Sure, there’s a lot of power in combining a great mobile device with a great web app like Google Maps, but even successful web developers realize the importance of native apps. For the iPhone to really take off outside of the geekosphere, it has to be able to access data that’s not on the web, and it has to provide a seamless user experience.
For that to happen, Apple needs to open up the iPhone to outside developers.
If you want to create software that’s used by a lot of people, you already know you’ve got to make it simple. But if you’re designing a desktop application which connects to the Internet, you’ve also got to make it secure.
To some that may seem obvious, but plenty of developers – including myself – have been blindsided by security holes that we should’ve seen a mile away. All too often we look only at the positive side of the technology we’re involved with, failing to see that if we get lucky and our software gains mainstream acceptance, it then becomes a possible point of attack.
Somehow you’ve got to keep your customers safe without making them feel limited by your security restrictions, and unless your target audience is security experts, you’ve got to do it in a way that doesn’t require a special “security” page in your options dialog that’s stuffed with cryptic settings.
Bottom line, if you want to appeal to a mainstream audience, you’ve got to make your software simple and secure, which is extremely hard to do. How you go about doing that depends on the type of software you’re working on, but there are some basic things you can do:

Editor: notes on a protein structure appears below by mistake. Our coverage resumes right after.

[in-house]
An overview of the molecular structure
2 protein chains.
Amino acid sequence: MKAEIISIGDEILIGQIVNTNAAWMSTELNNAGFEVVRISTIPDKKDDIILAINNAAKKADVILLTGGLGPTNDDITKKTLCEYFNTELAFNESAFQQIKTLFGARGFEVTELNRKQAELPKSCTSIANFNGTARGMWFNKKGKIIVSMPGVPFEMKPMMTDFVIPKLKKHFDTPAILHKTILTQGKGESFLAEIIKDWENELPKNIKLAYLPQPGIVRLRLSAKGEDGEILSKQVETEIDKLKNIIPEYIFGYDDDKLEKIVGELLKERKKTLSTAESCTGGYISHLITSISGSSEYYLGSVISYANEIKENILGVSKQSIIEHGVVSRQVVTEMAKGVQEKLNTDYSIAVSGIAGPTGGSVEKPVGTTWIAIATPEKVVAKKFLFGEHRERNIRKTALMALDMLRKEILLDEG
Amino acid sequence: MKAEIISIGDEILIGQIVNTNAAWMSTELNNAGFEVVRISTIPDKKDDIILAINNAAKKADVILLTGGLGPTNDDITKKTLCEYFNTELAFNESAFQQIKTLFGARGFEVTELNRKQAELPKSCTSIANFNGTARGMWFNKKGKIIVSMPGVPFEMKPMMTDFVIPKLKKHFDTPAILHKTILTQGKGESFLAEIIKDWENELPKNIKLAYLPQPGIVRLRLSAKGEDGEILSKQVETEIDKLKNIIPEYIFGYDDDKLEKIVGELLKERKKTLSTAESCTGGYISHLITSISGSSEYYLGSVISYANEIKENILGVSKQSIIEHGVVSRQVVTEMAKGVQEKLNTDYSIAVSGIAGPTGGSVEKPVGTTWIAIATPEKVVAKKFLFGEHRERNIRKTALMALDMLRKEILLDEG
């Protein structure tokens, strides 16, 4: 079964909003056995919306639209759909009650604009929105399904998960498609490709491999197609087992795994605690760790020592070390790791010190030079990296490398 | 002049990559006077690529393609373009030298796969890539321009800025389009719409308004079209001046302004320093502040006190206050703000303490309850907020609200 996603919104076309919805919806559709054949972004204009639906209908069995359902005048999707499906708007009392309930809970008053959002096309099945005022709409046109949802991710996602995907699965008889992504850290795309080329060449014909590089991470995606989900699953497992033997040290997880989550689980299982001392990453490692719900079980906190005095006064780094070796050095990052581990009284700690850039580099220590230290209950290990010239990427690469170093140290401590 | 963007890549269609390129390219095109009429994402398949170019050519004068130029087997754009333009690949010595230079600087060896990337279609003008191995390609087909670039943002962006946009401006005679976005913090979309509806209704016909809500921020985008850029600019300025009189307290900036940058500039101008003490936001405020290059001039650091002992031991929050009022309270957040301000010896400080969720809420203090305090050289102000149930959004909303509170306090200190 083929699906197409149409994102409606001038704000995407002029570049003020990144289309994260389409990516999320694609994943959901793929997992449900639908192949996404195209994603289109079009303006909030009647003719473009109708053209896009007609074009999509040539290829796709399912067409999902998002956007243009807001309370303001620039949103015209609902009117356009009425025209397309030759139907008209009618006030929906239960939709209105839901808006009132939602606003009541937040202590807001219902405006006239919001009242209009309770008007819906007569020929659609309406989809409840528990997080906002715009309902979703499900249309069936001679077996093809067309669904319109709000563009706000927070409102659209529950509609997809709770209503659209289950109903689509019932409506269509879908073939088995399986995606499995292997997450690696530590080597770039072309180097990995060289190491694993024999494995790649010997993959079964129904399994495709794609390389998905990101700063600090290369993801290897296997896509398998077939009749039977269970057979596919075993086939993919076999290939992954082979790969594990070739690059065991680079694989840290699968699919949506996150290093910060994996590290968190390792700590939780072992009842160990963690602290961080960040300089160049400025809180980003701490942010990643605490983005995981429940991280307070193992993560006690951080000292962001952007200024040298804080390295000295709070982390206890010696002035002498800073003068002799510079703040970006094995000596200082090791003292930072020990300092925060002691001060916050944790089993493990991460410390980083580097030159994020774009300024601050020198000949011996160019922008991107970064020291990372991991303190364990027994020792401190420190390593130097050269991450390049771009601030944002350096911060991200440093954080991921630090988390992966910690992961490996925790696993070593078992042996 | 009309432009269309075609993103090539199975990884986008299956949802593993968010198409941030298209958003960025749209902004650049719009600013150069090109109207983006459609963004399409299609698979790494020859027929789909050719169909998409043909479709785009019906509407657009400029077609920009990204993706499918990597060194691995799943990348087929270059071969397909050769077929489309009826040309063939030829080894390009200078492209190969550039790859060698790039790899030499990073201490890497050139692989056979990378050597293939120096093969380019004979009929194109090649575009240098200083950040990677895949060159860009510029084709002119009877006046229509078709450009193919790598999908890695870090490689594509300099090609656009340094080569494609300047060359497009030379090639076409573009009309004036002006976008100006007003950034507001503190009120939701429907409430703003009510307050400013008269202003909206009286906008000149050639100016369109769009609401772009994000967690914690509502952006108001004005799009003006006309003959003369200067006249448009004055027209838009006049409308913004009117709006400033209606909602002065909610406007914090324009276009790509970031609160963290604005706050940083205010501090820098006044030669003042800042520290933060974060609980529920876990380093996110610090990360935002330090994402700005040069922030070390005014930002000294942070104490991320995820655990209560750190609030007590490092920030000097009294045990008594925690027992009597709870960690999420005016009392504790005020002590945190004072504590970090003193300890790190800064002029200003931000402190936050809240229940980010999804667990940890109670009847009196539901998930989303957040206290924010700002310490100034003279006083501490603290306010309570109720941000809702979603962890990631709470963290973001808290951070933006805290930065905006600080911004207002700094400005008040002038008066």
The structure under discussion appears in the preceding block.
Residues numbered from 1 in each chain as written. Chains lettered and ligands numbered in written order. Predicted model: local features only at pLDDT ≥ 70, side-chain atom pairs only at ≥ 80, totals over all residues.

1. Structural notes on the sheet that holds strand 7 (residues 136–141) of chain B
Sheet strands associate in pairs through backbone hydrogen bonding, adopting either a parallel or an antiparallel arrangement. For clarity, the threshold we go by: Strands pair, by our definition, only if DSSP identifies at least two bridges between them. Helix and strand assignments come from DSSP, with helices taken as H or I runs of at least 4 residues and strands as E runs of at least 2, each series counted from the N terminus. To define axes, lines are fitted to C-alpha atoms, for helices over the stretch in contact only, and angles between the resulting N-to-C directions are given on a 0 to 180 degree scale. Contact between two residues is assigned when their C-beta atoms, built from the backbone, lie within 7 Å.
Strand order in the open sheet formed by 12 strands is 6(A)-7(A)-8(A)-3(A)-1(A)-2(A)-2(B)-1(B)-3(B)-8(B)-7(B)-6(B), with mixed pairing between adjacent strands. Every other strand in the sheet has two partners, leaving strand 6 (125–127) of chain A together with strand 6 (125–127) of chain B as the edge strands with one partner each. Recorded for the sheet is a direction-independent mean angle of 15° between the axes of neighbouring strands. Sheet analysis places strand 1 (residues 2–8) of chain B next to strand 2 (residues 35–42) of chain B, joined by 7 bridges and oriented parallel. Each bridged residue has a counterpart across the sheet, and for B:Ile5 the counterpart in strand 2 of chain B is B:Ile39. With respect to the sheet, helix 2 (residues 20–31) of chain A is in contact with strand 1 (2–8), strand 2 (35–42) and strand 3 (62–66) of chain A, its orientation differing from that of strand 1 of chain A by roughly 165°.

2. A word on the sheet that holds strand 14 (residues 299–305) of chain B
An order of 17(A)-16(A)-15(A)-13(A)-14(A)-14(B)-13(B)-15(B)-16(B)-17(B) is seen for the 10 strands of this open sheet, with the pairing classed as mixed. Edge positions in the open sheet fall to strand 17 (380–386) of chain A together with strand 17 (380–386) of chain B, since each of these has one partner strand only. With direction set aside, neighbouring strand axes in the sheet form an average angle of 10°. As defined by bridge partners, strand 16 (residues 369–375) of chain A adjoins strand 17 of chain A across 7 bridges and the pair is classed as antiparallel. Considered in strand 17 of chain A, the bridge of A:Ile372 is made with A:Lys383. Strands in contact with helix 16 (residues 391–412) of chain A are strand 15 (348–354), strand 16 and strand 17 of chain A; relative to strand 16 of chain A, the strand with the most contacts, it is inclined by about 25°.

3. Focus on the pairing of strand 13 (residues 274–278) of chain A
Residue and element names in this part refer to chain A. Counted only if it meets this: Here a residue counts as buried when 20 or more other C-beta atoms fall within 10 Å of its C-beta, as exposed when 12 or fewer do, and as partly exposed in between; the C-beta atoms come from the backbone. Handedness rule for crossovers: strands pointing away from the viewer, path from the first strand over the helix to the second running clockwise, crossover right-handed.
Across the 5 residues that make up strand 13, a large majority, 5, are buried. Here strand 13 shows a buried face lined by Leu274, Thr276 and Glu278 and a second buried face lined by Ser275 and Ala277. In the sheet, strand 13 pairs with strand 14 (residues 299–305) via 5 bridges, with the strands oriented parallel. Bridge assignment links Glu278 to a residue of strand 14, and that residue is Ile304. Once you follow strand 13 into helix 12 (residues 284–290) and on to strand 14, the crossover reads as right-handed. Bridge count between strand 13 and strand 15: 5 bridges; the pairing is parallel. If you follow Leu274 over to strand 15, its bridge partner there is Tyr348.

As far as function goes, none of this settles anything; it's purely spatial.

- Don’t think of security as a “feature” that you can add later: think about it as part of the foundation of your software. Adding security later may complicate your software, as well as require changing its behavior in ways existing users won’t like.
- Don’t require customers to do anything extra to make your product secure. If you need to add any security-related settings, make them default to the most secure values possible – and then think about whether you can drop those settings entirely (after all, do you really want to enable customers to make your software less secure?).
- If you have to warn customers when a specific action has a security risk, make sure your warning dialog uses clear, ungeeky language. You can’t expect customers to make an educated decision if they have to decipher your jargon.
- Take off your white hat and wear a black one for a while. If you were tasked with exploiting your application, how would you do it? And I don’t mean this in an “old school” hack-the-EXE way: I mean how could you exploit existing features to make customers susceptible to phishing, XSS attacks, etc.